Unopposed HRT (i.e. preparations containing oestrogen alone) is associated with little or no change in risk of breast cancer but combined HRT (i.e. oestrogen with a progestogen) can be associated with a small increased risk when used for more than 5 years. After HRT is stopped, the risk of breast cancer diagnosis initially falls but it may increase again a few years after cessation. This can be explained by the action of HRT on the growth of undetectable, microscopic cancers already present in the breast. When HRT is started, it may speed the growth of some of these cancers, resulting in them being diagnosed sooner. When HRT is stopped, the growth of any remaining undetectable cancers slows down. However, they will still continue to grow but at a slower rate, which would lead to them being diagnosed many years after HRT cessation. Despite this, the risk of breast cancer with combined HRT is less than that associated with being overweight over the age of 50 or that associated with drinking 2 or more units of alcohol per day. For women experiencing hot flushes and night sweats, with a low underlying risk of breast cancer (i.e. most of the population) the benefits of HRT in the short-term (up to 5 years’ use) will exceed any potential harm. Approximately 2% of breast cancer cases in the UK are thought to be attributable to the use of HRT.
Clinical studies have shown smoking does increase the risk of breast cancer diagnosis in current and former smokers. This risk appears to be increased particularly in teenagers who start to smoke prior to their first pregnancy. There is no clear evidence as to whether risk is affected by the duration or amount of smoking.
Alcohol consumption is associated with an increased risk of breast cancer diagnosis. Risk does not persist in past users of alcohol. Currently it is unclear whether there is a ‘threshold’ below which risk is not increased. It is estimated 8% of breast cancer cases in the UK are attributable to alcohol use.
Factors increasing the risk of normal breast cells becoming malignant
In women who have never had a pregnancy, or had a full-term pregnancy later in life, or never breast-fed, the cells in the breast are less resistant to the effects of carcinogens (substances initiating malignant change in cells). Part of the reason women in developed countries have a higher risk of breast cancer diagnosis than women in developing countries may be due to the former having fewer children and avoiding or limiting the duration of breast feeding.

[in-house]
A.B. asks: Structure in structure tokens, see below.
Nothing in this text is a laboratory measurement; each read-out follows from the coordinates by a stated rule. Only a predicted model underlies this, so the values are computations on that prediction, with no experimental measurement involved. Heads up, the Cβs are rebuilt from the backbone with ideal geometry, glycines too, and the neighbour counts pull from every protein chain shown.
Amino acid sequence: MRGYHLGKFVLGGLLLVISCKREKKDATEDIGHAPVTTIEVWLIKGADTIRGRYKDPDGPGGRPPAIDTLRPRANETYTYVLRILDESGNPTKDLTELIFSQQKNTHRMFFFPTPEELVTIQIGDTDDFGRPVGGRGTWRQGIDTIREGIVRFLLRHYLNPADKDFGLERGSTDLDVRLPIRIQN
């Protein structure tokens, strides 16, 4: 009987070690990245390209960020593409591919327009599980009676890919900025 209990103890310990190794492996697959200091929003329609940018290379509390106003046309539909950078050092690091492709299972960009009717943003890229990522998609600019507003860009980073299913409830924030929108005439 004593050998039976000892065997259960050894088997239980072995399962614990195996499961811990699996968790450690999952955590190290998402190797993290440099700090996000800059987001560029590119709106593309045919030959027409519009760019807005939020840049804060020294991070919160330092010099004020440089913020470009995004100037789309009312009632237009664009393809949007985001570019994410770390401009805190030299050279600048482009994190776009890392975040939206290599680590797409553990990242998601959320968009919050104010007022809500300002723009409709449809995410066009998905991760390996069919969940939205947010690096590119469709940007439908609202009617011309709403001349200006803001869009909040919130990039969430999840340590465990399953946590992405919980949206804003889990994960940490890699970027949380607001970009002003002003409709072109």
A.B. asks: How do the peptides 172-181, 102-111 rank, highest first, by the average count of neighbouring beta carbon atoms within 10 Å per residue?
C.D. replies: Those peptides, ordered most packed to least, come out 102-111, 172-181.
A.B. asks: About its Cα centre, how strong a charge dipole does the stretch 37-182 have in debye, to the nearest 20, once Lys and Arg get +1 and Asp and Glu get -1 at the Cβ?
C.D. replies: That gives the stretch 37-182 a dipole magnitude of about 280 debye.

The risk of breast cancer diagnosis is decreased:
- In women who have their first full-term pregnancy at a younger age
- In women who have more than one full-term pregnancy
- In women who breast-feed (this protection may be restricted to the risk of diagnosis of breast cancer in pre-menopausal women only). About 5% of breast cancer cases in the UK are thought to be attributable to women not breast-feeding.
Lack of physical activity is also a risk factor for breast cancer diagnosis in post-menopausal women. Clinical studies show increasing physical activity to be protective but the optimal level of activity is yet to be determined. This protective effect may in part be related to weight reduction.
Breast Cancer Management
About one quarter of breast cancers diagnosed annually in women in the UK are done so via the NHS Breast Screening Programme. The remainder are diagnosed in those presenting to their GP with breast symptoms.
Currently, with optimal treatment 2 in 3 women will survive their disease beyond 20 years. For many women, it is a condition they live with, rather than die from. Female deaths from breast cancer per year in England and Wales (4%) are much lower than those due to Alzheimer’s disease and dementia (16%), heart disease (8%) and stroke (7%). Once a diagnosis of breast cancer is confirmed, management generally involves varying combinations of the following treatments (e.g. surgery, radiotherapy, anti-oestrogen hormone therapy, chemotherapy and immunotherapy such as herceptin). Treatment recommendations are based on the individual features of a breast cancer (e.g. the size, grade and stage of the breast cancer) sometimes, menopausal status and an individual’s general health.
Percentage of breast cancers diagnosed annually in the UK attributable to lifestyle factors
Breast Cancer Now
Telephone helpline: 0808 800 6000 Mon-Fri 9am to 4pm, or Sat 9am to 1pm
Cancer Research UK
Telephone general enquiries: 0300 123 1022 Mon-Fri, 8am to 6pm (closed Wed 11am to 11:30am)
Macmillan Cancer Support
Telephone helpline: 0808 808 00 007 days a week, 8am-8pm
National Institute for Clinical Excellence (NICE)
Familial Breast Cancer Guidance
Early and Locally Advanced Breast Cancer Guidance
Menopause: Giving you confidence for understanding and action
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This factsheet has been produced by Women’s Health Concern and reviewed by members of our Medical Advisory Panel. It is for your information and advice and should be used in consultation with your own medical practitioner.
Reviewed: December 2019
Next review due: November 2022